The interesting observation is that lonely people often believe that they are tending to their social relationships when just the opposite is closer to the truth. Others sense a rejection just as does the lonely person. This dynamic creates a downward spiral of greater and greater separation from just the people who could and would most like to assist.
Loneliness: Human Nature and the Need for Social Connection by Cacioppo and Patrick discusses loneliness in much greater detail.
I have written in "Longevity Decoded – The 7 Keys to Healthy Aging" of the critical importance of social engagement. Healthy connections with others literally slow the aging process; but loneliness and its implications does just the opposite. Feelings of connectedness reduce our anxieties and stresses; they are amplified in the chronically lonely.
Having all these attributes in a retirement community are necessary to help the lonely person but not sufficient because his or her issue is a perception of reality, not reality itself. What can be done?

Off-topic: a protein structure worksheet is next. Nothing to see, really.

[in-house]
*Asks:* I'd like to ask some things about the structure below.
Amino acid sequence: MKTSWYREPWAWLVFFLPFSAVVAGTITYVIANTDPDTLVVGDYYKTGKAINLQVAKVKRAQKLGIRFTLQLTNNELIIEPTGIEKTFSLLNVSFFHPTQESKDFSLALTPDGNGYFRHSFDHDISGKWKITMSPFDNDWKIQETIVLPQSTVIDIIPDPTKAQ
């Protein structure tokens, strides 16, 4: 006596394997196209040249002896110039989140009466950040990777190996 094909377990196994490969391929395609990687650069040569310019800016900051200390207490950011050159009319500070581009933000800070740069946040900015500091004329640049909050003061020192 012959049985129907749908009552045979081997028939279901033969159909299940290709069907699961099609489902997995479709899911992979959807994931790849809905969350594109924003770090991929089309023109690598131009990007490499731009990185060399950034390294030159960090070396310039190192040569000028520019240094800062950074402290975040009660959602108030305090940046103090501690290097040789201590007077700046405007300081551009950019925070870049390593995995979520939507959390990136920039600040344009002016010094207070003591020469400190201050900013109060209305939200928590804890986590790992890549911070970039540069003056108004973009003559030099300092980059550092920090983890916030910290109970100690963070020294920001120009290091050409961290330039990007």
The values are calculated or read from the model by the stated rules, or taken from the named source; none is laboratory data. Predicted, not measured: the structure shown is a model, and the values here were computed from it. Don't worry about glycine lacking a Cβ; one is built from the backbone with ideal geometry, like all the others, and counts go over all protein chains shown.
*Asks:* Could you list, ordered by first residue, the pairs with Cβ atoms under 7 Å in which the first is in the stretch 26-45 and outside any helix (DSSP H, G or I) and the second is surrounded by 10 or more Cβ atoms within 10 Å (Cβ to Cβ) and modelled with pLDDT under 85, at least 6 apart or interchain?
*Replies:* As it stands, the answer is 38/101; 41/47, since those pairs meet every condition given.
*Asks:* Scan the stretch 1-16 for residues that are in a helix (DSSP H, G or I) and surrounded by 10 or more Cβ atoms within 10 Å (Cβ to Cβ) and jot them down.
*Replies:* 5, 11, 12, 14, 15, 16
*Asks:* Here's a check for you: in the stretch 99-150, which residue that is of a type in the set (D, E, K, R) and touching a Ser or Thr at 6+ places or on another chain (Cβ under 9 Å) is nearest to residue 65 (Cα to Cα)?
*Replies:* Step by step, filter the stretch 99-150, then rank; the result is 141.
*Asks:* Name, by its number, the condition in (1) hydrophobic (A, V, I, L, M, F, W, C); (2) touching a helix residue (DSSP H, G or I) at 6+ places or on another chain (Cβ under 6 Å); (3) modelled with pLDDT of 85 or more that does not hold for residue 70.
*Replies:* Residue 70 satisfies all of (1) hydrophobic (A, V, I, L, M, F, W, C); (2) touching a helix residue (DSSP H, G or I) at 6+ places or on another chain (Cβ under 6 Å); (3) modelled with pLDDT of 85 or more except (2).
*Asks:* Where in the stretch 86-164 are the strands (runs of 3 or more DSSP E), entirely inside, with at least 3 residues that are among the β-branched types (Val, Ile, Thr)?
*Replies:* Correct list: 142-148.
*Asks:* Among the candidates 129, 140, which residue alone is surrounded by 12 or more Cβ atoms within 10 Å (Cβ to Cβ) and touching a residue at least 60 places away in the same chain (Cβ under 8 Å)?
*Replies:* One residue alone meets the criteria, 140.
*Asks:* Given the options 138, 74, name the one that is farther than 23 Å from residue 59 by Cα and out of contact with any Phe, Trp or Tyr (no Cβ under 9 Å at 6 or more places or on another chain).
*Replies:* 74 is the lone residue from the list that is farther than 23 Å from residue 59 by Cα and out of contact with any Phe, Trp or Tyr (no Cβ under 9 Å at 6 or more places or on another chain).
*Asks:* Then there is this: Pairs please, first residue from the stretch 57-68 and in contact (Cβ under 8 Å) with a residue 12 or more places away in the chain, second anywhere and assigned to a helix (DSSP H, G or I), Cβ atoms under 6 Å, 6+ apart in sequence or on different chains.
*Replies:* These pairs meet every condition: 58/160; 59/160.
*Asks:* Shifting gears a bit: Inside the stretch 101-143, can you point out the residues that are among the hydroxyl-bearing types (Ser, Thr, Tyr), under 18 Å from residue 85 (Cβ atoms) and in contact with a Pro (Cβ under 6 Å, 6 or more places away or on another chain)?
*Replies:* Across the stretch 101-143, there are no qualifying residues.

First, it is important to recognize that most such individuals will not reach out for help. After all, their perception is that no one wants to help or at least no one appreciates their situation. So, it is incumbent upon all of us to reach out to them. Perhaps just a few words in the supermarket, remembering a birthday, positive comments about clothing or whatever. Small gestures first, larger next.
There are many professional resources for help – primary care physicians (PCPs), nurse practitioners, mental health counselors, and social workers are but a few. Yet, they can only help if they know there is a need. More often than not, they do not.
Given its very serious health consequences, physicians and payers need to understand just what loneliness is, what it does to impact adverse health outcomes and how it can be addressed. Education is critical. Unfortunately, even when it is appreciated, physicians often feel ill equipped to manage loneliness.